You only need to flick through the newspapers these days to read that there are a large number of active conflicts around
At the time of this writing (Wednesday, September 10th, 2014) the newspaper headlines talk about how Obama will unveil his strategy to widen his ISIS campaign in Iraq, the fragile Ukraine and Gaza ceasefire declarations, the unresolved conflicts in Syria and Libya and the numerous civil wars in Africa.
ISR in a Complex, Globalized World
After the expensive and long interventions in Iraq and Afghanistan, world leaders are reluctant to send in “boots on the ground” to resolve the numerous conflicts. As such, the types of intervention by coalition forces and international peacekeeping organizations have drastically changed over the last couple of years.
Crisis management operations now focus on peacekeeping, the global fight against terrorist organizations and humanitarian relief-efforts. In a globalized world, problems need to be dealt with when and where they emerge before they threaten the economic, social, political or cultural stability of entire nations. Geographic distance is no longer an assurance of protection.
Crisis management operations are typically limited in time, rely heavily on airborne assets and turn to ISR (Intelligence, Surveillance and Reconnaissance) input to ensure missions are as efficient as possible. The role of ISR has grown as crisis management takes center stage on the world’s political stage. In fact, ISR has become an integral part of every operation.
During a crisis management operation, a set of ISR tools work in full orchestration with tactical, operational and strategic assets. These tools include:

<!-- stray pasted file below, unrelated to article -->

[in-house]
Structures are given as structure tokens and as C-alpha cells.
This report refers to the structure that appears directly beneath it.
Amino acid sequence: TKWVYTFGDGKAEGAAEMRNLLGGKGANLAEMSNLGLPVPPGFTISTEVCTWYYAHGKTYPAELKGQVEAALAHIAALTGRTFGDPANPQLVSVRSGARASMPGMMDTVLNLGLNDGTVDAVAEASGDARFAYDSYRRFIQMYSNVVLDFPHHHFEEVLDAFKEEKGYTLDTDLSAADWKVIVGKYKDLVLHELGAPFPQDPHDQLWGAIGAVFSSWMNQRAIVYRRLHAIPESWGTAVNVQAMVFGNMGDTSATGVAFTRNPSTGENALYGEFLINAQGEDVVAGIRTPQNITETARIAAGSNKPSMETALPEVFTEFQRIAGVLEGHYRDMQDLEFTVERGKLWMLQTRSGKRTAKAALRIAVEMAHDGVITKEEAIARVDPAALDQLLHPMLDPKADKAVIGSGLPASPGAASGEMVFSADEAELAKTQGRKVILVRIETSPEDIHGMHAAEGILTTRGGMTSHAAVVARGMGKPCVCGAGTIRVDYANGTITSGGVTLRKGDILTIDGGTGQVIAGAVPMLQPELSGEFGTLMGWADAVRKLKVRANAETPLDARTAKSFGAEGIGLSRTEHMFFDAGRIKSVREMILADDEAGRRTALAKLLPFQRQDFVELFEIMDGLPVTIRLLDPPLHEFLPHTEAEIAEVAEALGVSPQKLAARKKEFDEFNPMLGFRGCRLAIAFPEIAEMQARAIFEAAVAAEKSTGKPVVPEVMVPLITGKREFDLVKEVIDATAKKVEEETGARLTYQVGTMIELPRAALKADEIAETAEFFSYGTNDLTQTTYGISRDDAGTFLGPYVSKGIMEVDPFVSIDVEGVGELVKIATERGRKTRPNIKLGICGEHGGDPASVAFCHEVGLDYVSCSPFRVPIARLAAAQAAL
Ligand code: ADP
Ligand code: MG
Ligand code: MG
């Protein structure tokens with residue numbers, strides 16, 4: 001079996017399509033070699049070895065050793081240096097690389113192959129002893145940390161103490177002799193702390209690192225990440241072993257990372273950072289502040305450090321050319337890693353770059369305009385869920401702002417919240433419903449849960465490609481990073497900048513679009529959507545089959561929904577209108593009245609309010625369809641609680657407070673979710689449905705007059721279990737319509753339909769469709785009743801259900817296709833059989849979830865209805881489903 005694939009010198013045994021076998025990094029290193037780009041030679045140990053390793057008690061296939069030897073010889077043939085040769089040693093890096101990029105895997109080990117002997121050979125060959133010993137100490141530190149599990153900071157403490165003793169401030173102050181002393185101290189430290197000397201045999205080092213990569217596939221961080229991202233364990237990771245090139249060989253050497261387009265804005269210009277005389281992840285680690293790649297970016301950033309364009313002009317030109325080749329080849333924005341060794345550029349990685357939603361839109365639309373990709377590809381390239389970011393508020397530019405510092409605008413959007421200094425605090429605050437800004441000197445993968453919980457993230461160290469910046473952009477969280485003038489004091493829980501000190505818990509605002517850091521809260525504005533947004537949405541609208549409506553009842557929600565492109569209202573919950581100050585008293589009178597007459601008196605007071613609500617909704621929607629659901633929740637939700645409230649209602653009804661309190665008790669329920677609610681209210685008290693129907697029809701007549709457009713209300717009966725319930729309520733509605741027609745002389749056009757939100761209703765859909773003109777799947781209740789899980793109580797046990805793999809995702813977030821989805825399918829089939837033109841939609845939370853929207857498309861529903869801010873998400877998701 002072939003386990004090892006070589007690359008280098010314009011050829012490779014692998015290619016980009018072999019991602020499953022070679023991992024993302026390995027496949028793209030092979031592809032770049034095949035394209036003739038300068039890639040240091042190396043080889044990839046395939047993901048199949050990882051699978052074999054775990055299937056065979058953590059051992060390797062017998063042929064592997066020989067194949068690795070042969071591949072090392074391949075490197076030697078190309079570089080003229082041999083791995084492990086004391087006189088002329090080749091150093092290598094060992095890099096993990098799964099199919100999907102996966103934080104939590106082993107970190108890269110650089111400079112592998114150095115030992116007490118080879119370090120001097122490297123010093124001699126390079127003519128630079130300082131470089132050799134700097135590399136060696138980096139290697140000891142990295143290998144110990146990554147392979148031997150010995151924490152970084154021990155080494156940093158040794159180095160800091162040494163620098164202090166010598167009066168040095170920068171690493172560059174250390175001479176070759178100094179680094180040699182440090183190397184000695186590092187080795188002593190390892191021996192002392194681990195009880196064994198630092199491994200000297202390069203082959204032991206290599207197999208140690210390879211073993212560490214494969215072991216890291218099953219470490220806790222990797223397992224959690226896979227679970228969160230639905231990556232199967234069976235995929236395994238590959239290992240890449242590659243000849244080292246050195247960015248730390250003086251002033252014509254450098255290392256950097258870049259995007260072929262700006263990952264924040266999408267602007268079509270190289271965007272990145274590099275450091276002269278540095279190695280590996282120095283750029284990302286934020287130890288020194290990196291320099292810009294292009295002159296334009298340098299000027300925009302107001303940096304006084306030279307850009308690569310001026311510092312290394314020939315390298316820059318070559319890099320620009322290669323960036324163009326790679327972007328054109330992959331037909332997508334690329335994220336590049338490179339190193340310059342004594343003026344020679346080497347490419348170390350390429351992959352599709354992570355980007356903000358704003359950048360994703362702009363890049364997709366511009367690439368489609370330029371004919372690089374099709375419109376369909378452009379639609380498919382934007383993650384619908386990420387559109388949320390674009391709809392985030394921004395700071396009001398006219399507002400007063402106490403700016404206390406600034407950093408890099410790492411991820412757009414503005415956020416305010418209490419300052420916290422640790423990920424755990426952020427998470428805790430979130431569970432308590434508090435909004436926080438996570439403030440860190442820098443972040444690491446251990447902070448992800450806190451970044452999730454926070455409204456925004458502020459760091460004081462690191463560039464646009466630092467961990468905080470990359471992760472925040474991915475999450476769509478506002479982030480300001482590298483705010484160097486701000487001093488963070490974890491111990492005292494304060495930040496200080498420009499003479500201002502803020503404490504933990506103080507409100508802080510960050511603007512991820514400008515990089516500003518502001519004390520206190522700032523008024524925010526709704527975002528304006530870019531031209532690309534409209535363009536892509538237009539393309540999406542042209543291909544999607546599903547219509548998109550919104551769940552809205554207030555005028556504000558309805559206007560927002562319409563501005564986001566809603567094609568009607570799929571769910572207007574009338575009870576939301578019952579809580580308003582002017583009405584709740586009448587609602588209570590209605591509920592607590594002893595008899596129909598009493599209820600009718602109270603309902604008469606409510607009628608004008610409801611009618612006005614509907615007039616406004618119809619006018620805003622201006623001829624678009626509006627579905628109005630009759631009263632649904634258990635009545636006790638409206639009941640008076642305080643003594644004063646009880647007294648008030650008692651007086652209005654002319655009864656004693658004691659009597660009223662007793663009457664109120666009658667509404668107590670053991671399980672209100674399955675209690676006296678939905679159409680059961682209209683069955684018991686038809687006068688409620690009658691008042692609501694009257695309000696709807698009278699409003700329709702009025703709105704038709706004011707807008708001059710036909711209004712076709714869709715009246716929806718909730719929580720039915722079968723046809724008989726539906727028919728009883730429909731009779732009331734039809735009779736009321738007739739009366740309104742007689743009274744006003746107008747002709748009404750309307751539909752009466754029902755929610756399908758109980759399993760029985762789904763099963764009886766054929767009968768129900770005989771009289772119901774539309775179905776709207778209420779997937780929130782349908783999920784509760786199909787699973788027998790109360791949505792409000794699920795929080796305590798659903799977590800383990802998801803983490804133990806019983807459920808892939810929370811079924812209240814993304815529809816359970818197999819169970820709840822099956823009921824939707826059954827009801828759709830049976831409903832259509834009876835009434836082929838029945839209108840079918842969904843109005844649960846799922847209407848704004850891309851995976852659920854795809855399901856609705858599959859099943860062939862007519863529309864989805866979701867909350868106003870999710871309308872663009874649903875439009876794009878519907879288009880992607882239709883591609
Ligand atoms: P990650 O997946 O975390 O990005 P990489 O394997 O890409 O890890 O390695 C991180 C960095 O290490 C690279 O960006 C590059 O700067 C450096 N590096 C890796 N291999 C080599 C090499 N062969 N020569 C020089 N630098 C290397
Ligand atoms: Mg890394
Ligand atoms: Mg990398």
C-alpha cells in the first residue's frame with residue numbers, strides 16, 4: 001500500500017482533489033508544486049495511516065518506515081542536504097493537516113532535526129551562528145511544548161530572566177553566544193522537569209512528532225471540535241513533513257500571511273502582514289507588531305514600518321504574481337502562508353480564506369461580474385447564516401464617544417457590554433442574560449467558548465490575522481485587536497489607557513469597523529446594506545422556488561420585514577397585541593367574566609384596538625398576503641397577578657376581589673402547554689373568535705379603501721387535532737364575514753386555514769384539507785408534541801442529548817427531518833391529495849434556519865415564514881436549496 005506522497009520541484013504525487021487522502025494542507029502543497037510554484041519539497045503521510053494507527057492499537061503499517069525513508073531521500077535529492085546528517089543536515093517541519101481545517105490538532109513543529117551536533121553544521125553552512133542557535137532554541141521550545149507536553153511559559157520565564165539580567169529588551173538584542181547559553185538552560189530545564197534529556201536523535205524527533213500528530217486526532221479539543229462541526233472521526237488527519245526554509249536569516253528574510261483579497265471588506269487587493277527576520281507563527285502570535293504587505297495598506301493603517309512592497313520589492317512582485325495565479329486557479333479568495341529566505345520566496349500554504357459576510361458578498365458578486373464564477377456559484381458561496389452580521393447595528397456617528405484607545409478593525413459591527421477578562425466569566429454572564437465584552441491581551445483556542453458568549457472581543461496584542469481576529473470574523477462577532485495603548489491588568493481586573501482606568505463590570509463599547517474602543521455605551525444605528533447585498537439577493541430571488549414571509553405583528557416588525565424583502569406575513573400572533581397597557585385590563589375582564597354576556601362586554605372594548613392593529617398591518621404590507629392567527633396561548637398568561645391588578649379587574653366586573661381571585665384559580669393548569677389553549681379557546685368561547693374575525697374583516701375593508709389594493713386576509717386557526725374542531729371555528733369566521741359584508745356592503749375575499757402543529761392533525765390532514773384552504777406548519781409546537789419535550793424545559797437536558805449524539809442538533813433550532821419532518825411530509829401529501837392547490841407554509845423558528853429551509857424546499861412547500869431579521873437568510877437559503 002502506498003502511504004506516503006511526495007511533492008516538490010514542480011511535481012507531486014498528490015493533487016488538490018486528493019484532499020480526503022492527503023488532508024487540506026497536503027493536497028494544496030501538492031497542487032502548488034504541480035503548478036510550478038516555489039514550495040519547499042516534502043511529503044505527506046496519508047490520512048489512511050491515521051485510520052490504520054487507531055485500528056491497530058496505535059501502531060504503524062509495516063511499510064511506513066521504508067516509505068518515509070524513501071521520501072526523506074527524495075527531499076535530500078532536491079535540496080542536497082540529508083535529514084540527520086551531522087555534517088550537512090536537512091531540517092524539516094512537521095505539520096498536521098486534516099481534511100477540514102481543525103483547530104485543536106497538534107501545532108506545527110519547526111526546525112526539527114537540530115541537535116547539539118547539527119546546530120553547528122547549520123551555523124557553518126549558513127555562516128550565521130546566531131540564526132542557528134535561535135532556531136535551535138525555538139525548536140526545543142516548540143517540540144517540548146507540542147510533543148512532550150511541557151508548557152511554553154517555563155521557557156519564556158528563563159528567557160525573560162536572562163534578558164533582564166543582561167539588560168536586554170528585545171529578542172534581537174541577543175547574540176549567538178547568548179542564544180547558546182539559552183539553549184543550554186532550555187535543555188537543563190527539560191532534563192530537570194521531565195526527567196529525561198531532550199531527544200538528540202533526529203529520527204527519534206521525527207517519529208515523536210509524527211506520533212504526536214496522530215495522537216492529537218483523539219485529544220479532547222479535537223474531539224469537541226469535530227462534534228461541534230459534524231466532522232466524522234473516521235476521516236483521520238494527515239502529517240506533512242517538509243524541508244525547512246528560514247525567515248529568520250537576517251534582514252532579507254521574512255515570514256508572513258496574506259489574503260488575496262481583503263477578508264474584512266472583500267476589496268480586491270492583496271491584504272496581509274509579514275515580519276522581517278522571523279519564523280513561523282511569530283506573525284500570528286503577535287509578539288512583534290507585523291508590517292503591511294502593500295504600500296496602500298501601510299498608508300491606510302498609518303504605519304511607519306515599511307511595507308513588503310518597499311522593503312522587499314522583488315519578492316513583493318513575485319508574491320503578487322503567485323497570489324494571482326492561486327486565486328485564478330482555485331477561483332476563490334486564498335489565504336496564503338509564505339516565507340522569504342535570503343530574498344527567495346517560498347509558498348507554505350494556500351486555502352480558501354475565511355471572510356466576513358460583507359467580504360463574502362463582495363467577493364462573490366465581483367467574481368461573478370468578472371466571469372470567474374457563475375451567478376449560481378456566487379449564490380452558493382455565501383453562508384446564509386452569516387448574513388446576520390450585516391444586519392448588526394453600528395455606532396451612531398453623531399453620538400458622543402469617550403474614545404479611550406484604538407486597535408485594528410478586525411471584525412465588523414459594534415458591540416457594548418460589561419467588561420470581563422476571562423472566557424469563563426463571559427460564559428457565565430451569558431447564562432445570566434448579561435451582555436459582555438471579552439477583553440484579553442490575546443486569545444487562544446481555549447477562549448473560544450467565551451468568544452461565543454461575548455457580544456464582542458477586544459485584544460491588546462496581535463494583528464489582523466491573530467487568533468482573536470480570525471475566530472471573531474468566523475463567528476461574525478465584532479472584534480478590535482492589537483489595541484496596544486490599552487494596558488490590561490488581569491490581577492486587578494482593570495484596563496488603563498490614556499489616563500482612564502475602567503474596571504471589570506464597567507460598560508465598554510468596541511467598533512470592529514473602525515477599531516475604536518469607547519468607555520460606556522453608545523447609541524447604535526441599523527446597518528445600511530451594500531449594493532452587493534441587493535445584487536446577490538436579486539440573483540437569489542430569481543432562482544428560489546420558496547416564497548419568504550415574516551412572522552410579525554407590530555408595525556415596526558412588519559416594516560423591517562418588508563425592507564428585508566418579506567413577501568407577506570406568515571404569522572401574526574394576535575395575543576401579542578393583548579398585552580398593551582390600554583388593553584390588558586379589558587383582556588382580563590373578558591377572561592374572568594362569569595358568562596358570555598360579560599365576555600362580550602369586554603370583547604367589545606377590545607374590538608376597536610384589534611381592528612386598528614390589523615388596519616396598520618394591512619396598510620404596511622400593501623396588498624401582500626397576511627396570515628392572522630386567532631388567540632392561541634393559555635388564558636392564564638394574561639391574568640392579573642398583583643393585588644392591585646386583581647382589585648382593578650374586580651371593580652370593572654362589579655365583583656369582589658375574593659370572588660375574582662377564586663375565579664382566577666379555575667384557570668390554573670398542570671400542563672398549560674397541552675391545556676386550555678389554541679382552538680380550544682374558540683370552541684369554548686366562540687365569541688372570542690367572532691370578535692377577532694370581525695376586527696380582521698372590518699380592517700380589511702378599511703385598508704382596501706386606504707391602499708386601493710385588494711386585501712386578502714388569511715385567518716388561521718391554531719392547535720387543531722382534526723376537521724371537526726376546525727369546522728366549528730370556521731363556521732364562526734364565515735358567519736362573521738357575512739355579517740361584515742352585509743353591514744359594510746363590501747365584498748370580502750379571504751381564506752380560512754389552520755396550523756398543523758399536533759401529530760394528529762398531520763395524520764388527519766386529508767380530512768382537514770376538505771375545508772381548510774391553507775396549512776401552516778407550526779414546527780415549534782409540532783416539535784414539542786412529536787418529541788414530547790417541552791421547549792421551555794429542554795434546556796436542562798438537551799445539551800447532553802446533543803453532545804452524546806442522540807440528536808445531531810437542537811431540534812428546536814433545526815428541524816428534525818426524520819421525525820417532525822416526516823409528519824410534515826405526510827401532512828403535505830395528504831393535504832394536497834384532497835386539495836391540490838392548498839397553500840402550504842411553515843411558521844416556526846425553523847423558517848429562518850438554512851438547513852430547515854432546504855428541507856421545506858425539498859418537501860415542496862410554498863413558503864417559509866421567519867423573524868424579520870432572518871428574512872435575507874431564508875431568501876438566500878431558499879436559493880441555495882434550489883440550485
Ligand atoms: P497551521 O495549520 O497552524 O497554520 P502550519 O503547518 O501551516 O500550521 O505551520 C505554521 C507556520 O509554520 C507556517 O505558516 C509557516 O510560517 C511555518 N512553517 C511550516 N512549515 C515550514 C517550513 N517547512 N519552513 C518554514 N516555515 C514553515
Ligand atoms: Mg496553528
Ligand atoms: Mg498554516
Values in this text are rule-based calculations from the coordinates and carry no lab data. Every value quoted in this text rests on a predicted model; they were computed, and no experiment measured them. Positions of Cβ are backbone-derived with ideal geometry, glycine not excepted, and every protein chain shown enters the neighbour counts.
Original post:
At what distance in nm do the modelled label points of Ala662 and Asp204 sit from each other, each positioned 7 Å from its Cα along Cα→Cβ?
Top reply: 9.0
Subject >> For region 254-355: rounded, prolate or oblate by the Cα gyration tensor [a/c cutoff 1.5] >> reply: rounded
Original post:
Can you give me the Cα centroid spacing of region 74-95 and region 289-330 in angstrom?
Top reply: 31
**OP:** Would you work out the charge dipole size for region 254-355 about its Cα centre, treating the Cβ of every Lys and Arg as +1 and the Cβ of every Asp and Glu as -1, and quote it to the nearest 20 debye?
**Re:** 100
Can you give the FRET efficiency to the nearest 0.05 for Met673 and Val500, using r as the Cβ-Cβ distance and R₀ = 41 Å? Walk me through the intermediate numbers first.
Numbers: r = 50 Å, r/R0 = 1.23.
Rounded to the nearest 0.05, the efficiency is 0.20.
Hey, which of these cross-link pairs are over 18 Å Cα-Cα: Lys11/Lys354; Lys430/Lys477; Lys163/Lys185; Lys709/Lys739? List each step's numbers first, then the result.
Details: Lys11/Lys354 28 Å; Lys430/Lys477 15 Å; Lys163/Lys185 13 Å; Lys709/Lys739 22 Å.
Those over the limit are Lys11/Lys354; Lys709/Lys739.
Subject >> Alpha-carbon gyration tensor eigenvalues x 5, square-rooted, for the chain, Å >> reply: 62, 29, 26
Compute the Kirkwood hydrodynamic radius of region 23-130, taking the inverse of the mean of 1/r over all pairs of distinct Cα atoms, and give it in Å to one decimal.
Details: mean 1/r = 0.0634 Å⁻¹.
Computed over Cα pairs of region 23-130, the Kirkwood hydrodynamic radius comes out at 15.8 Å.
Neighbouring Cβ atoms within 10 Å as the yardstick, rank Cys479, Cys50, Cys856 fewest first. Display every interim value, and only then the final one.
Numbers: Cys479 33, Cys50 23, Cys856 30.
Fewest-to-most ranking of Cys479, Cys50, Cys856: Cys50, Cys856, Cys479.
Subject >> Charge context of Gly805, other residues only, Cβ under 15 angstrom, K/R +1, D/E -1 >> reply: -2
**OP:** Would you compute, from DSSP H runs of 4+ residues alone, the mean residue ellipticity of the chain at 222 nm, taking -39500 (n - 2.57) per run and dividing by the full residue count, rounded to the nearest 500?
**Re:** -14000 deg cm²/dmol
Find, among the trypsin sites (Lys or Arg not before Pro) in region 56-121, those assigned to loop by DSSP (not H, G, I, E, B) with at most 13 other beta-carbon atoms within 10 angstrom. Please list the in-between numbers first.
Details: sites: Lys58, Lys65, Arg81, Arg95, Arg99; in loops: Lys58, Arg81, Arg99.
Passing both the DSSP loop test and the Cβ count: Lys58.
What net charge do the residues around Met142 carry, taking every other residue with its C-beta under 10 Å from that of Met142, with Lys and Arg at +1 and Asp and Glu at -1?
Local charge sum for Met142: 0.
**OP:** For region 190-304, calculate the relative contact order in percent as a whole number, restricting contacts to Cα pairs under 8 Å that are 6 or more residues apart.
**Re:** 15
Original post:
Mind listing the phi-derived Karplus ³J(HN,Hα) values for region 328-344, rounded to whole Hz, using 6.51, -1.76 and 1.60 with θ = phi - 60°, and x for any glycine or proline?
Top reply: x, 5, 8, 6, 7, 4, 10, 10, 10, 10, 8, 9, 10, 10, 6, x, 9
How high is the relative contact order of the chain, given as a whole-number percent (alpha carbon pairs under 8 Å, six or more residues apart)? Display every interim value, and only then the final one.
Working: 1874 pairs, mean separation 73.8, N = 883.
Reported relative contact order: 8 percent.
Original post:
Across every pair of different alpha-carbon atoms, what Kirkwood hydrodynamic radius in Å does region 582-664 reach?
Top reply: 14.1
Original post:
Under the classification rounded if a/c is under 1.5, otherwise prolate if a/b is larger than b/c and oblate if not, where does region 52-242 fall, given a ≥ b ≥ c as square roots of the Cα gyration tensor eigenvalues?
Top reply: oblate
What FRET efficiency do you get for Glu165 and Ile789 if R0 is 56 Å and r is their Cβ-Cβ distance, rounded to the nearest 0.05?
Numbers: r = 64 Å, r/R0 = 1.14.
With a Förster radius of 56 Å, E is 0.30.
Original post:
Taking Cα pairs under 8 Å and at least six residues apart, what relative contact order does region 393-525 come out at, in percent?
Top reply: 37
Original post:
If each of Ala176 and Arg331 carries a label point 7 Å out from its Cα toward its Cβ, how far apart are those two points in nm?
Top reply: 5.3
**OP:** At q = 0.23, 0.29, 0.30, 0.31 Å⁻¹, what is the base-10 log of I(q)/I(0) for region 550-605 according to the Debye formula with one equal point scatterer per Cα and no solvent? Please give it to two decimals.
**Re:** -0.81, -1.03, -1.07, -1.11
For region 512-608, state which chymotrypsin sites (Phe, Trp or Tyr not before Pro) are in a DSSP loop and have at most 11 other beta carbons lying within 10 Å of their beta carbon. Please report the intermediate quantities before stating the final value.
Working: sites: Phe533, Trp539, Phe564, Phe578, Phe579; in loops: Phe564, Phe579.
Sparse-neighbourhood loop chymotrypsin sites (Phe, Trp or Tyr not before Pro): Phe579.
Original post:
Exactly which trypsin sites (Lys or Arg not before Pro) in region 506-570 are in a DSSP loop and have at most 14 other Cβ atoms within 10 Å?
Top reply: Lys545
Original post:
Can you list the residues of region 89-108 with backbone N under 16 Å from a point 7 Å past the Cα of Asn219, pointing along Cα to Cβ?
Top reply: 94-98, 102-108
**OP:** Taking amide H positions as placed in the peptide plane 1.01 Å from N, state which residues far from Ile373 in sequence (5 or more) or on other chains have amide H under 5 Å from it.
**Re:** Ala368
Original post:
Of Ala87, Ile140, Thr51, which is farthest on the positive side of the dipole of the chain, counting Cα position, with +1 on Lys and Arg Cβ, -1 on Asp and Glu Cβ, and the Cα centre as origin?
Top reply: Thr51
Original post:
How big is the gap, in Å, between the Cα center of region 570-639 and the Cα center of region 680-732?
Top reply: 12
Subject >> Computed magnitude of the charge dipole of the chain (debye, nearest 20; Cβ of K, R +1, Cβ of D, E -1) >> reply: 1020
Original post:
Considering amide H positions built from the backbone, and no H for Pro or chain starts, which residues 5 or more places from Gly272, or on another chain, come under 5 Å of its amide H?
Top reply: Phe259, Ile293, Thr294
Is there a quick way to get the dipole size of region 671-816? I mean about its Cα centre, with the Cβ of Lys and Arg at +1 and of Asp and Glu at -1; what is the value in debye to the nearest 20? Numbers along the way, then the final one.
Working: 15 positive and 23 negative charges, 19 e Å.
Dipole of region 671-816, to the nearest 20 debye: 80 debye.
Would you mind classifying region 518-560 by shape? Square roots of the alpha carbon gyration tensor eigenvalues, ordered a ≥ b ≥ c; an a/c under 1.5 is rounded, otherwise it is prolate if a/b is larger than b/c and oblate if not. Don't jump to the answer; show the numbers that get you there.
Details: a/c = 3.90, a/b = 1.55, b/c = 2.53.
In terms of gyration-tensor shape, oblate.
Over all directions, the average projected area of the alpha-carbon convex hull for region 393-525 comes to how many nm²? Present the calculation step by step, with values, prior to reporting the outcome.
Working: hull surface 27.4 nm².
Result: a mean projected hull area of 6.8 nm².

• HUMINT (Human Intelligence) tools
• SIGINT (Signal Intelligence) tools
• COMINT (Communications Intelligence) tools
• MASINT (Measurement and Signature Intelligence) tools
• ELINT (Electronic Intelligence) tools
• IMINT (Imagery Intelligence) tools
The collected products from these ISR sources provide policy makers and operational units in the theater with detailed information to enable correct and quick decision-making.
Depending on the operation, a large quantity of ISR information is exchanged from the theater or disaster area to the collection management tools in the operations center for analysis and processing. This information can then be redistributed afterwards to other (inter)national agencies or operational units.
SATCOM for Reliable, Secure + Quick Intelligence Sharing
In order to gather all of this ISR data from various sources and platforms located in remote and hostile areas, satellite communications provide a reliable, secure and quick solution for information sharing. Satellite networks are particularly relied upon when:
• A man-made or natural disaster strikes and the terrestrial communication infrastructure is the first to go down
• Operating in beyond line of sight (BLoS) modus
• Collecting data from ISR platforms on-the-move (airframes, vessels, land vehicles)
• The incumbent terrestrial telecom infrastructure in the disaster area is not reliable or is insecure
The different crisis management operations today already deploy a good number of VSAT systems to support their ISR activities. However, there is room for improvement in order to support the complex operating environments and to increase operational efficiency. Looking at today’s and future requirements for ISR operations, we can easily address seven main concerns:
• The need for more data/video throughput to support bandwidth hungry sensors (HD video, Multispectral data and so on)
• The ability to deploy and connect any time, anywhere
• The importance of service availability in order not to interrupt mission critical communications during a mission
• The ease of use and the ability to set up a link quickly
• The growing budget constraints
• Secure communications that cannot be compromised
• The possibility to exchange information quickly in a joint operation between different units, nations and platforms (fixed, mobile)
HTS Constellations + SATCOM Technology Providers to the Rescue